Establishing a Baseline
Here's a new gem to consider when northern Greenland was 60F warmer and a temperate forest just 2 million years ago. They mention plant and animal life flourishing.
Very stimulating article! I finally read it once and will need to read it again. Now that I'm getting a bit used to your arguments, they don't sound as "nutty" as they did initially!
If that's OK with you I'd like to create a few comment threads to discuss different parts of your article.
Most of the discussions around climate change policy are very binary -- net zero or not. That's the same with most policy discussions. More taxes or less taxes? More immigration or less immigration? Binary choices are easy to make -- I can simply look at what most people in my party think and make the same choice. I can even just flip a coin! It's a bit like multiple choice tests in school. You don't even have to understand anything in the class and yet you can get 1/4 or 1/5 of the answers right.
What you are proposing is much more difficult (but ultimately potentially more satisfying). First I need to have a finer grained understanding of what the IPCC actually says. "OMG we're all going to die of climate change" doesn't cut it. What exactly am I afraid of? What is the probability that will happen? How confident am I? Basically I pretty much have to read the AR6 WGI report (which is 3,000-page long). Already the summary for policymakers introduces biases and errors.
Then I need to understand what are my own assumptions, beliefs and biases. For instance when you write that people have always migrated, my first reaction was "But there will be war! Countries will defend their borders! And now that we have nuclear weapons such wars will be horrible!" That's a gut feeling. That's my "think fast" system speaking. I now have to look at those beliefs coldly. I also need to find more of my beliefs.
Finally, you're inviting us to *imagine* different futures. That's the hardest part. It's so easy to think about a finite "policy universe" (net zero or not). It's much more demanding to start saying "OK, if CO2 reaches 1,500 ppm, what then?" Well, oceans will rise by Y meters and so on. "OK, what will people do? What will this look like?" You show this kind of imagination when you present an alternate New York City.
I'm looking forward to continuing the discussion. I appreciate your humility. You wrote "I don’t know what the right answer is." Few (no one?) amongst people who write and talk the most on climate change say "I don't know." They seem so sure (e.g. The Unhabitable Earth), but they never explain, let alone question, their assumptions and beliefs. Thank you for doing that and motivating me to do the same!
Brilliant Essay. Well documented and illuminating. Not sure I agree with everything but it leaves me with much to research and question.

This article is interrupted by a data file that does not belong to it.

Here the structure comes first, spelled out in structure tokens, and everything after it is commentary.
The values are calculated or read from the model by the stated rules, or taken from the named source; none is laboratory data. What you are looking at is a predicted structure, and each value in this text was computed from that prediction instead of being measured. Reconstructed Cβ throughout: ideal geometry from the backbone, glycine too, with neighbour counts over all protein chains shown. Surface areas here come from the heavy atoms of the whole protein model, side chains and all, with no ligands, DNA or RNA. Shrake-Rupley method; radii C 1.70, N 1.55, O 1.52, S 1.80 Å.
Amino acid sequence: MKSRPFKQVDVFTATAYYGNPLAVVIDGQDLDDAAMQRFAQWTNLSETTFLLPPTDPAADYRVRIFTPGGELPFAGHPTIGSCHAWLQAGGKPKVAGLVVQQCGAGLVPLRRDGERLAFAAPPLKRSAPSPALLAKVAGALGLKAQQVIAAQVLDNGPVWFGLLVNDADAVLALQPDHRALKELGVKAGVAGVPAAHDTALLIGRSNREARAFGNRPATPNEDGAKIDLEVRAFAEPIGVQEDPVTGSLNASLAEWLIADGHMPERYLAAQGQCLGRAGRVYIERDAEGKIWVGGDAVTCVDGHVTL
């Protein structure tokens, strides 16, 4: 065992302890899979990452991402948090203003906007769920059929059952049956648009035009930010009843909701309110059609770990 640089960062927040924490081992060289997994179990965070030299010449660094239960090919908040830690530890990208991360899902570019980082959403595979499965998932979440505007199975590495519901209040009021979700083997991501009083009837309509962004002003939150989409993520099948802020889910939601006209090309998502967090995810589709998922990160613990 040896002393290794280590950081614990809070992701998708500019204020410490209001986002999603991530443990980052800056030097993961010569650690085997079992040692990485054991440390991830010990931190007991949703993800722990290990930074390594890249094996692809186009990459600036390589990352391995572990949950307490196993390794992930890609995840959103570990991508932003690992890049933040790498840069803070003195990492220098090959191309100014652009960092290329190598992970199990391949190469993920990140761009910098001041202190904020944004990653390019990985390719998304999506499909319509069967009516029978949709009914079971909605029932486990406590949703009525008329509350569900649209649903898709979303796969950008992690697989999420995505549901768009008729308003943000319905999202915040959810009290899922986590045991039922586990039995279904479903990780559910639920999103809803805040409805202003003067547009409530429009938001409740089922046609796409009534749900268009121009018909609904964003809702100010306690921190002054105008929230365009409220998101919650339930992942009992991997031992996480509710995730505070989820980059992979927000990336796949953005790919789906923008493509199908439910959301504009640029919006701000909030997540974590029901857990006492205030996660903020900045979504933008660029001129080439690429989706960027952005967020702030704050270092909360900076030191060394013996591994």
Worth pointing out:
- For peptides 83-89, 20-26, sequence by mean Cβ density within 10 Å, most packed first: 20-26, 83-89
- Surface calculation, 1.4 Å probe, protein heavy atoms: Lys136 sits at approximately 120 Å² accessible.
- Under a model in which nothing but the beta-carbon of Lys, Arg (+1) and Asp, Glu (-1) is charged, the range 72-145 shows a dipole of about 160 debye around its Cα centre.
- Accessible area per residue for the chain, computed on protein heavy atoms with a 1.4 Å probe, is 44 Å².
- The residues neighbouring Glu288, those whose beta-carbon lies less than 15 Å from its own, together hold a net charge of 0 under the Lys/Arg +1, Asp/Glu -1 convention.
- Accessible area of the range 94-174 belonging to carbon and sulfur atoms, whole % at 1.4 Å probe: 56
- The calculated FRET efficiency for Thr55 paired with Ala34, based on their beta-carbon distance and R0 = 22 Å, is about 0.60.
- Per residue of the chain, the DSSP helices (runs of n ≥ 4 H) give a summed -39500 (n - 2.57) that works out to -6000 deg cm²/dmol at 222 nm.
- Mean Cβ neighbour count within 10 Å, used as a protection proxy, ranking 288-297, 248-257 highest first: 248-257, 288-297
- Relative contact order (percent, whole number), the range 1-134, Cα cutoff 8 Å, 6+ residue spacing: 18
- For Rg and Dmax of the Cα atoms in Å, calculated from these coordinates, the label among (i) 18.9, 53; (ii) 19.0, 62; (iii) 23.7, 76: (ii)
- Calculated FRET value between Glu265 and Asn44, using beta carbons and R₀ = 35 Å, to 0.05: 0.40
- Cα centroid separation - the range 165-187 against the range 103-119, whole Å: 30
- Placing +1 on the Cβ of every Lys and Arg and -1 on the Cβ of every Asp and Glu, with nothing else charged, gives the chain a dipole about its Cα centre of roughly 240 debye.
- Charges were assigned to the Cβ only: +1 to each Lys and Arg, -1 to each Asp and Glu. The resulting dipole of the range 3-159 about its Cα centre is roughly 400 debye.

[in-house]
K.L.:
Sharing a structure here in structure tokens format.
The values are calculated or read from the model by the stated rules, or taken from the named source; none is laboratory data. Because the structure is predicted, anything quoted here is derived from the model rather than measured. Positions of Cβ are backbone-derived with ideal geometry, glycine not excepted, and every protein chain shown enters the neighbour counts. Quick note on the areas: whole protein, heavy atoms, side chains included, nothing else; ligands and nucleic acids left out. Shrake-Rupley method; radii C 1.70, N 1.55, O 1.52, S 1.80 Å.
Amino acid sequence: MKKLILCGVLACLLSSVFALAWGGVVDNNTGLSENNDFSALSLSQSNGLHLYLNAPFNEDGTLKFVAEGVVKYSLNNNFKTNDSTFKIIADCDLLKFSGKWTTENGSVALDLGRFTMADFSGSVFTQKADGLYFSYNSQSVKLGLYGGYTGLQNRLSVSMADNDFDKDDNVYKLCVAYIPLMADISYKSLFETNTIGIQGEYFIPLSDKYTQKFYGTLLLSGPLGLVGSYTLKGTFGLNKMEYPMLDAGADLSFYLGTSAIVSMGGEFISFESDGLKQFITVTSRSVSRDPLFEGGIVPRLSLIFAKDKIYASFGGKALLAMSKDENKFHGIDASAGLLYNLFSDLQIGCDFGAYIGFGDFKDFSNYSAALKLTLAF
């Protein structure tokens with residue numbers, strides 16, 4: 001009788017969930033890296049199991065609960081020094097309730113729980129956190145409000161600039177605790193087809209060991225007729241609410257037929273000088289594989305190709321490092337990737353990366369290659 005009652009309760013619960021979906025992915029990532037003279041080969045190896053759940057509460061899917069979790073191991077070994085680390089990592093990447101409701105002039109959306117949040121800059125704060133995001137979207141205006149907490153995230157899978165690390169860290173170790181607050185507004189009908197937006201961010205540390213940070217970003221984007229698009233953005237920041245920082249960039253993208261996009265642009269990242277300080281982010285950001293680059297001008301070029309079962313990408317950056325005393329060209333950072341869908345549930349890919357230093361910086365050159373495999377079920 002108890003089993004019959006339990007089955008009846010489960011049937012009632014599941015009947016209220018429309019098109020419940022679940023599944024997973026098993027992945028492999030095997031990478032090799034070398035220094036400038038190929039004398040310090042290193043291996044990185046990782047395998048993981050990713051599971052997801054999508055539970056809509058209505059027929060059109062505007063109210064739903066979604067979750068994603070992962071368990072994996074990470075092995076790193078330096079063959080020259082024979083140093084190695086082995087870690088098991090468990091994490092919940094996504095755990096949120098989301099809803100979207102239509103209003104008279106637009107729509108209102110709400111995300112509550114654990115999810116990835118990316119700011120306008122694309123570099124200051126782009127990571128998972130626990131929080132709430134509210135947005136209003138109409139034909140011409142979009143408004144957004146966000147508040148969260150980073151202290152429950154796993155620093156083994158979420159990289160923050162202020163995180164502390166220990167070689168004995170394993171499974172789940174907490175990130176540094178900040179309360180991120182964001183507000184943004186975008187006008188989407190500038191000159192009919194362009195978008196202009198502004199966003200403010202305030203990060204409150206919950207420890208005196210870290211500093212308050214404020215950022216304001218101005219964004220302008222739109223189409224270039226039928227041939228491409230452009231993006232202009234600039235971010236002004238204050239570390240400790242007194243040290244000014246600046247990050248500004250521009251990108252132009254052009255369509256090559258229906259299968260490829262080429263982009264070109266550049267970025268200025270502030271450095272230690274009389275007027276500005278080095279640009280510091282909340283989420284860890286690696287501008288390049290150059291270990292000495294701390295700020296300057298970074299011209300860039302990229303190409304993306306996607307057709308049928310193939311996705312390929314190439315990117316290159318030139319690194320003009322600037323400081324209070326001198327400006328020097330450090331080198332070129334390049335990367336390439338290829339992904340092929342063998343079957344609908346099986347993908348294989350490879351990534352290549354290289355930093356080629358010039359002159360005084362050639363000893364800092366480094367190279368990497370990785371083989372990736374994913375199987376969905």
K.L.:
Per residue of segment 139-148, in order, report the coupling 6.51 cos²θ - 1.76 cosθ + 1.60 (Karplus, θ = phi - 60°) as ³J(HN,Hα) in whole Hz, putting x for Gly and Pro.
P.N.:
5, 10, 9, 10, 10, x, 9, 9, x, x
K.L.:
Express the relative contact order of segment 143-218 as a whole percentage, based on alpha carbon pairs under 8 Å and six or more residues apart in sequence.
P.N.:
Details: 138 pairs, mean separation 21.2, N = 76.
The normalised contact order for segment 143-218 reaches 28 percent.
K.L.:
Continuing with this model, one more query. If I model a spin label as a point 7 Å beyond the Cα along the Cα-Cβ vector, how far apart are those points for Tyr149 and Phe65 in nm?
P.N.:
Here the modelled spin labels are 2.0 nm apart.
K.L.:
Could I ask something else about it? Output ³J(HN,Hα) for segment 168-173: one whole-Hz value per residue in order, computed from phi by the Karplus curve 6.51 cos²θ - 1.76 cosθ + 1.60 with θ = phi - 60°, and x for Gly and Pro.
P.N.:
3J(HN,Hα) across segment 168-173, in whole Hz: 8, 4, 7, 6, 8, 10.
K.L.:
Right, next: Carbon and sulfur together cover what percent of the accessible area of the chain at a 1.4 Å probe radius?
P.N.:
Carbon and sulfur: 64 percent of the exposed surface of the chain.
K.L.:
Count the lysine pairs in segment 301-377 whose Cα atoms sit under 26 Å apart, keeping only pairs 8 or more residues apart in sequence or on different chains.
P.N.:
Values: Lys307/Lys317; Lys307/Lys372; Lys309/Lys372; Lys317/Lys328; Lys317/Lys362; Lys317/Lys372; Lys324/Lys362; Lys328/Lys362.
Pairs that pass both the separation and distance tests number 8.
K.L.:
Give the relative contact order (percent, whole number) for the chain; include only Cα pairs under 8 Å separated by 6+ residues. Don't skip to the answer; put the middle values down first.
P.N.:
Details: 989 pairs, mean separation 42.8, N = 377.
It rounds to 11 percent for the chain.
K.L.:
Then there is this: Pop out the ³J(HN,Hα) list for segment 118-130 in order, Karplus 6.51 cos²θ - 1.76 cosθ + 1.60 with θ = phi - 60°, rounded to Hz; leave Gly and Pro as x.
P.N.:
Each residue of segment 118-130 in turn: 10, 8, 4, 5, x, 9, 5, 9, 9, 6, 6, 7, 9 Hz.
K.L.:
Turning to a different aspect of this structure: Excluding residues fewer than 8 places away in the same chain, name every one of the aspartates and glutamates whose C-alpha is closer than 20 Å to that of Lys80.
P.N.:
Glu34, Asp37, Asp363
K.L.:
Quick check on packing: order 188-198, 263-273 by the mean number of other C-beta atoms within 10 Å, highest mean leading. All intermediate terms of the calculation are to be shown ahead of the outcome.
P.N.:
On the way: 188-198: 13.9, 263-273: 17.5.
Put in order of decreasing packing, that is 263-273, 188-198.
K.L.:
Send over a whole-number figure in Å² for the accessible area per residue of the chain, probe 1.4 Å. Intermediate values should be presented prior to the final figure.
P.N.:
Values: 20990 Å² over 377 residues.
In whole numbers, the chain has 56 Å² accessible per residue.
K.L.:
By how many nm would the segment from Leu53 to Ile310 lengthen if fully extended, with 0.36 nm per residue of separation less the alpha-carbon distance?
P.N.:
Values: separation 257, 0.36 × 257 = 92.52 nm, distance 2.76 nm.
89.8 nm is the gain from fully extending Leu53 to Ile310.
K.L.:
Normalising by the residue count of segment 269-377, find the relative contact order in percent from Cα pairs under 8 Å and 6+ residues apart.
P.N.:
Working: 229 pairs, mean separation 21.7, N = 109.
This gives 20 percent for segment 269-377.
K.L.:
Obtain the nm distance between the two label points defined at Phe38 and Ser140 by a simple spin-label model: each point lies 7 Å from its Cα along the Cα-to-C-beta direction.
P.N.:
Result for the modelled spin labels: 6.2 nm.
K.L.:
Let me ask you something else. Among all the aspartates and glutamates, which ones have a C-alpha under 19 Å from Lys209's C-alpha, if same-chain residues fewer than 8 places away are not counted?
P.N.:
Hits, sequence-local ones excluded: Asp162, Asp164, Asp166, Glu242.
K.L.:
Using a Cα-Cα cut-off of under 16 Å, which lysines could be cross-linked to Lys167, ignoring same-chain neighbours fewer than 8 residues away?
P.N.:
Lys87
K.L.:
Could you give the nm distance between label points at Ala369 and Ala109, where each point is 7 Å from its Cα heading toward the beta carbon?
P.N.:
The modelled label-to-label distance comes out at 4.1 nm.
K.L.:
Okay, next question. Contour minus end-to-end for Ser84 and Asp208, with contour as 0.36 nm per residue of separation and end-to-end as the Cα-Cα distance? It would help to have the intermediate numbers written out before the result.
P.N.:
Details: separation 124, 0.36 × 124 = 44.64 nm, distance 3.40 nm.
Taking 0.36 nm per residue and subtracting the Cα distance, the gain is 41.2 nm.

An extremely superficial and undocumented series of wha-ifs?
Interesting take, Michael. Adaptation is what we’ll do anyway, but it would be really cool if we could run an experiment to prove or disprove the IPCC models. I’m skeptical of things like CO2 removal from the air, geoengineering, or other technical “solutions”. The paleo records of climate are interesting as well, and makes you wonder about our situation today. But in general, your take of the dynamism of climate is spot on I think. We all want the weather to be Goldilocks perfect, but even that is boring, and certainly not likely for long in all places.
I love your baseline location argument! Locating your baseline in the Little Ice Age makes warming likely. But wherever and whenever you’re measuring, climate will change, and if we want steady weather, we need to move to a dead planet.
I found the piece very superficial and mostly irrelevant. Of course, the issue is adaptation. Of course, life and even human life will adapt and end up fine. 90% of the human population could die and humanity would go on. A simple adaptation would be to simply nuke the affected populations and carry on usual.
The question is who adapts and in what way? Choosing to slow climate change puts the burden for adapting on those causing the problem, which is less likely to cause violent resentment on the part of those doing the adapting. Choosing not slow climate change puts the burden for adapting on those most affected and who may not have caused the problem. This is more likely to cause violent resentment.
Given the size of the American response to an event as trivial as 911, who knows what the response to far large acts of terror might take us.
Another great post. I would love to tease this out and say here's where most people agree and disagree, but here's why some of the outcomes need to be same even if you don't agree about the causes of climate change and here's some other things we should consider too.
This article popped up in my news feed. It is just the kind of planning you were talking about.
Here's a new one. Studies show using CO2 boosts plant grown 4x in rooftop gardens.
I came across this one the other day. The ancient city of Ephesus was relocated a few times due to the shoreline and harbor shifting and then eventually abandoned though it was a regional center used through the Roman period. I share it to show how much shifts and changes over time.
Whether I die due to excessive heat, cold or pollution induced cancer is of little importance. A more pressing concern is that I have not perfected the means to choose my destination after death. https://vedabase.io/en/library/bg/8/6/
I see you blocked me on LinkedIn. Not up to the task I gather. Your post is still vacuous unsubstantiated pseudointellectual nonsense.